At its most simplistic form, an admin could just assign a package to a collection with the assumption and hope that all computers installed the updates.  A better step in the right direction is to create a collection with a sub-select query to only target the computers that actually need the software.  However, what does one do if you want the best of both worlds?  Turn to the power of task sequences of course!  This is a great example if you’re in a situation where all actions need to run in a systematic timeline with very little lag and better visual indicator to users.

  1. Change the default restart time from 30 seconds to 10 minutes so users have enough time to close documents if necessary.
  2. Pre-install restart
  3. Install Adobe Reader update (only if Acrobat not installed)
  4. Install Adobe Acrobat update (only if Acrobat installed)
  5. Install Microsoft Security Updates
  6. Upgrade BIOS for computer model XYZ
  7. Restart computer into WinPE so as to do the next item:
  8. Execute a utility to enable Wake On LAN in BIOS
  9. Force a Group Policy Update with system restart

Miscellaneous Administrative Tasks

Now let’s pretend you have a string of routine administrative tasks to perform against computers on a regular basis.  Task sequences are also powerful in this way by not just being limited to installing software or deploying an OS.  The example that I’ll use here may not completely be a real world example, but again, it is designed to demonstrate flexibility and get your juices flowing.

  1. Delete old user profiles
  2. Cleanup temp files
  3. Delete SCCM cached files
  4. Flush/register DNS
  5. Check the local admins group for unauthorized users/groups (use Sherry’s DCM?)
  6. Force a Group Policy Update without system restart
  7. Run SCCM Client Health Check Script
  8. Defrag hard drive

Demo: Complex Conditions Flows

Along the way with the demos so far, I’ve tried to incorporate different examples of using task sequence conditions.  The VMware Tools demo definitely showed some complexity using WMI queries to decipher 32-bit versus 64-bit detection.  But now let’s have some fun by taking this a step further!  We need deploy a software install which meets the following requirements:

  • The post-install restart of Windows for a specific department needs to give a 10 minute countdown (first 3 digits of computer name are the department code)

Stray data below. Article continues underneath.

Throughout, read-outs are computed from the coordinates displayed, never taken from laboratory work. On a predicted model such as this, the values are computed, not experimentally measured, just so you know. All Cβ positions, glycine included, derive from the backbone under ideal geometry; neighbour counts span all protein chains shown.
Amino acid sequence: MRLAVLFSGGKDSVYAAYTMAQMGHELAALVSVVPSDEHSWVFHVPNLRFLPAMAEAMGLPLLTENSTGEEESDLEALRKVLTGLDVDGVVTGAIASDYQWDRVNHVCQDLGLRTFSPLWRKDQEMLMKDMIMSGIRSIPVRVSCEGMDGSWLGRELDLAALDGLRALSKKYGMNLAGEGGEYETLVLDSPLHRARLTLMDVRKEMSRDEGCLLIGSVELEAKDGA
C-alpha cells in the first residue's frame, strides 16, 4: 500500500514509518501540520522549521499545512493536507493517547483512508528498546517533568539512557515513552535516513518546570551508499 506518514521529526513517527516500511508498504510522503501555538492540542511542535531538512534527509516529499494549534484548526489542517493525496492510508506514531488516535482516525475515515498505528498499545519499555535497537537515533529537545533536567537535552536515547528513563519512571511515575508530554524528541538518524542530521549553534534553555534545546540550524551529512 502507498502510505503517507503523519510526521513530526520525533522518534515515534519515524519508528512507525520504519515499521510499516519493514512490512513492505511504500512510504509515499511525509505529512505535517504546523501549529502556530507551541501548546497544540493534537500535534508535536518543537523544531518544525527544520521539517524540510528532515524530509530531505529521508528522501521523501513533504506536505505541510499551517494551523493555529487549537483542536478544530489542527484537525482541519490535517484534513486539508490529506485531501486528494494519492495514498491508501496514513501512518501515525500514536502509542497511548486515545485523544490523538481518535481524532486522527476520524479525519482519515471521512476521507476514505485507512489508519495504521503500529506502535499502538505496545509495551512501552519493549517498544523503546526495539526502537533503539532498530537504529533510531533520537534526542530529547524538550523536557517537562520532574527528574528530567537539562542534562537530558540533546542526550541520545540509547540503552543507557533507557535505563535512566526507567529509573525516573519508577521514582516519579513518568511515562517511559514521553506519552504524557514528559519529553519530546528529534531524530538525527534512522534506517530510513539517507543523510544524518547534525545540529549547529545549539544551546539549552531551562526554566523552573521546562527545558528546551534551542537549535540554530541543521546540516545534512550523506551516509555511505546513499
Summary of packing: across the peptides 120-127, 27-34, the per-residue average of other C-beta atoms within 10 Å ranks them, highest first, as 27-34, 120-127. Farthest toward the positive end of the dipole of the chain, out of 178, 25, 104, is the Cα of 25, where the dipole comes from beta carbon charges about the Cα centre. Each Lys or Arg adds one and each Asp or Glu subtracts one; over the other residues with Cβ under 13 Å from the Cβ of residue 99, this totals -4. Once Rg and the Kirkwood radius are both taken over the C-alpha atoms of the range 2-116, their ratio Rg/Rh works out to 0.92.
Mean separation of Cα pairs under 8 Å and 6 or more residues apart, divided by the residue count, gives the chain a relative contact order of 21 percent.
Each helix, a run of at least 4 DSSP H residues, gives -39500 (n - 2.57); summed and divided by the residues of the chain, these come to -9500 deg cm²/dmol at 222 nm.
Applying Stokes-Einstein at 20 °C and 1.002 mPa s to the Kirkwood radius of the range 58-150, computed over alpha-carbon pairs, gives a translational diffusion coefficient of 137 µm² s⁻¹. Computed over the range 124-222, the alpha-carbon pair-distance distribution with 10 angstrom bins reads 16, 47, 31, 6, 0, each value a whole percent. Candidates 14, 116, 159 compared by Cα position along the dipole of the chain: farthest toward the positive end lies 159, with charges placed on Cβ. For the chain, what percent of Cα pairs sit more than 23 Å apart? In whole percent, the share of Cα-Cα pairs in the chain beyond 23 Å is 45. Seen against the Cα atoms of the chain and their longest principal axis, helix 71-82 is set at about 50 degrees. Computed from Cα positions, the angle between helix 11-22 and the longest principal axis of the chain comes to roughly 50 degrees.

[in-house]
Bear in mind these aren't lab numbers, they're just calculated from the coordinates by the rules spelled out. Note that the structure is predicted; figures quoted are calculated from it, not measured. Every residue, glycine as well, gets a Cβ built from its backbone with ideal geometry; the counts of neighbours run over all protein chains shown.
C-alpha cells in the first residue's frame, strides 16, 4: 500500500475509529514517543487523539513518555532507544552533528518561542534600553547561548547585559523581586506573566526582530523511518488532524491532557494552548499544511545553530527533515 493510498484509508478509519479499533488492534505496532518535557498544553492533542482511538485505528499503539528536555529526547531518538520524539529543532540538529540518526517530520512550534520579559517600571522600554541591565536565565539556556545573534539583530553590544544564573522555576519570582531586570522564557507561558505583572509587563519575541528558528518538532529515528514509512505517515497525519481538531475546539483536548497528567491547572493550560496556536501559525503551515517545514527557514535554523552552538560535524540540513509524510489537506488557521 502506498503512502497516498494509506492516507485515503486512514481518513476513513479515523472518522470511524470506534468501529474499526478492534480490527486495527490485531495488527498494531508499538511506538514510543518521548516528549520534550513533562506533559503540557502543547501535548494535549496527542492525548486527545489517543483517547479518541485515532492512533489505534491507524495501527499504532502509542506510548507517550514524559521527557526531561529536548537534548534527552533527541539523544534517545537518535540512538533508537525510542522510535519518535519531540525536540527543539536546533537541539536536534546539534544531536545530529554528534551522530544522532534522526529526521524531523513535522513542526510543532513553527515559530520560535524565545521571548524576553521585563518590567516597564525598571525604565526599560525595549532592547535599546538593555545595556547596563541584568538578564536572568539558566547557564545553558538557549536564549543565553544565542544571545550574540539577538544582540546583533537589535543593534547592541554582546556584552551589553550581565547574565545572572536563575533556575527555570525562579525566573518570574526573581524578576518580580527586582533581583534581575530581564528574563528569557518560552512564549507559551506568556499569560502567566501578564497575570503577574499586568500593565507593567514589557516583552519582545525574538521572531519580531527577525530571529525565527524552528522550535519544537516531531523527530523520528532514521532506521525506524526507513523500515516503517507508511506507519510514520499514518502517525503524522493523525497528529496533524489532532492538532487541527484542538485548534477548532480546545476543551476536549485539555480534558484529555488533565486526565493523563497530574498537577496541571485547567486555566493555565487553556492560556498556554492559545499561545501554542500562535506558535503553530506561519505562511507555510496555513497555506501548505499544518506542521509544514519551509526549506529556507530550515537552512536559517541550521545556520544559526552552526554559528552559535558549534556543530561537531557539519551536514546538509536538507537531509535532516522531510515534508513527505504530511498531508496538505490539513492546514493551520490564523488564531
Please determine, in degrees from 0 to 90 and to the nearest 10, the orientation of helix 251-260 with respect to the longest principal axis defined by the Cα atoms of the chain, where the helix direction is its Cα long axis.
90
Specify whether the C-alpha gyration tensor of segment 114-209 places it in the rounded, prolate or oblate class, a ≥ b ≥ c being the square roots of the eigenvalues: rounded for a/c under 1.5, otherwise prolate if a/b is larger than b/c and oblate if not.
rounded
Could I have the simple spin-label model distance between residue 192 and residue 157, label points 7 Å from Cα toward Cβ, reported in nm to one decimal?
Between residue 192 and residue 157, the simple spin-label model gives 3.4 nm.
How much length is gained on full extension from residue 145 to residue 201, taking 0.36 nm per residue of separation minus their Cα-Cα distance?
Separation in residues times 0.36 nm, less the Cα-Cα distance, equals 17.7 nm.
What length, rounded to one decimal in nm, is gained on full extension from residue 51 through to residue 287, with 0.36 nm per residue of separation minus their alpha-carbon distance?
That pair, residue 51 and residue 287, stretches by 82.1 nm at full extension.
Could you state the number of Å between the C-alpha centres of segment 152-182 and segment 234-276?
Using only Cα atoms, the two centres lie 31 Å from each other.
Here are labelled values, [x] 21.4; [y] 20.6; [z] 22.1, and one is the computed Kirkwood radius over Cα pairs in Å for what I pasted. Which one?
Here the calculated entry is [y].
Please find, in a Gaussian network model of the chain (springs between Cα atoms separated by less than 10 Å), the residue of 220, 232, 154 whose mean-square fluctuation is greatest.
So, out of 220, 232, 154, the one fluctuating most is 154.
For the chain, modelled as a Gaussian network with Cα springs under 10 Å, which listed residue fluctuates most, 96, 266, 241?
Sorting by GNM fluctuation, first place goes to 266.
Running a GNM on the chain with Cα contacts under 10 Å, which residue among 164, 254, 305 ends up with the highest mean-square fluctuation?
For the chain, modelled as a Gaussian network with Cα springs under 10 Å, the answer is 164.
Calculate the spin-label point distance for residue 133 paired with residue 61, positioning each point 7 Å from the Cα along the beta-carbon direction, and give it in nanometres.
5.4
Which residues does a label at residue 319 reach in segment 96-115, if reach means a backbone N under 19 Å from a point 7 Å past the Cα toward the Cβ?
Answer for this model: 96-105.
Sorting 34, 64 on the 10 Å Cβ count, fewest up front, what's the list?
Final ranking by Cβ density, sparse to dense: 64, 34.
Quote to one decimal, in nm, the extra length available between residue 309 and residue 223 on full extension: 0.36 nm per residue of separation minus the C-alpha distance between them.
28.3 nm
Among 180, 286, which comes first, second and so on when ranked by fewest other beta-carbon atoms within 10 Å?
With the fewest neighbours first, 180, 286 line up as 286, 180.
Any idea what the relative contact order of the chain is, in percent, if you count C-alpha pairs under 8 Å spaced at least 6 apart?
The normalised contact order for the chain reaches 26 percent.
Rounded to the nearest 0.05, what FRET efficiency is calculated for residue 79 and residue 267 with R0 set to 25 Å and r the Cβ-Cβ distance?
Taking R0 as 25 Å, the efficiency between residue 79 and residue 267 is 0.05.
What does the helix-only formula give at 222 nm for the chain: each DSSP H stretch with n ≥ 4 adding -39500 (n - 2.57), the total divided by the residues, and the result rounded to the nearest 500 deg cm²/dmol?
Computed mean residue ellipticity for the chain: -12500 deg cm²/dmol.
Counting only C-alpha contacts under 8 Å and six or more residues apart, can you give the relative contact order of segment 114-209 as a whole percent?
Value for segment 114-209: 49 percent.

• Only execute on Windows workstation OS (excluding Windows 2000)
  • Cannot execute on computers which live in a specific OU
  • A combination of four installation types based upon
    • Two different command lines parameters where applicability comes from a value in the registry
    • Two different architectures (32-bit vs. 64-bit)
  • An additional install occurs for computers which have a special local user account

Demo: Multiple methods to accomplish same thing

I am going to have more fun with the flexibility of task sequences by demonstrating six different ways to accomplish the same thing.  In this example, we are going to uninstall Flash v10 and install Adobe Flash v11 either with the 32-bit or 64-bit editions.  Keep in mind that some of these exmamples are a little unrealistic, but it does exhibit the flexibility.

Demo: Uninstall Flash 10, install Flash 11

  • Easy: individual steps with no checks, just do it regardless
  • Easy: WMI queries for existence or architecture
  • Easy: step for the Installed Software using an MSI
  • Moderate: use a script which sets a custom TS variable to do the uninstall detection
  • Moderate: use collection custom TS Variable
  • Moderate: multi-application install to do everything at once

Demo: Operations within Windows PE

Here is a cool thing that I’ve done in my experience.  There had been a few instances where one of the field offices was being sold to another company, but it was contracted for the new ownership to retain the existing computer hardware.  The challenge therein was that we couldn’t allow them to have access to company software licenses or data that may exist on the system.  So I developed a task sequence to remotely erase the hard drive.

  • Restart in WinPE
  • Format the disk
  • Restart the TS to boot into the host OS
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3 thoughts on “The Power of Task Sequences, Part 2, Non-OS Deployments

    seb said:
    October 4, 2012 at 9:14 am

    hello, that look interesting, do you have any tricks to prevent the user logging in the computer while the task sequence is running?
    I know that during an OS deployment when it’s installing software it’s not in the WinPe environment and the user can’t do anything but i’m unable to reproduce this behaviour when running a non OSD TS.
    Great post by the way, thanks!

    […] The Power of Task Sequences, Part 2, Non-OS Deployments […]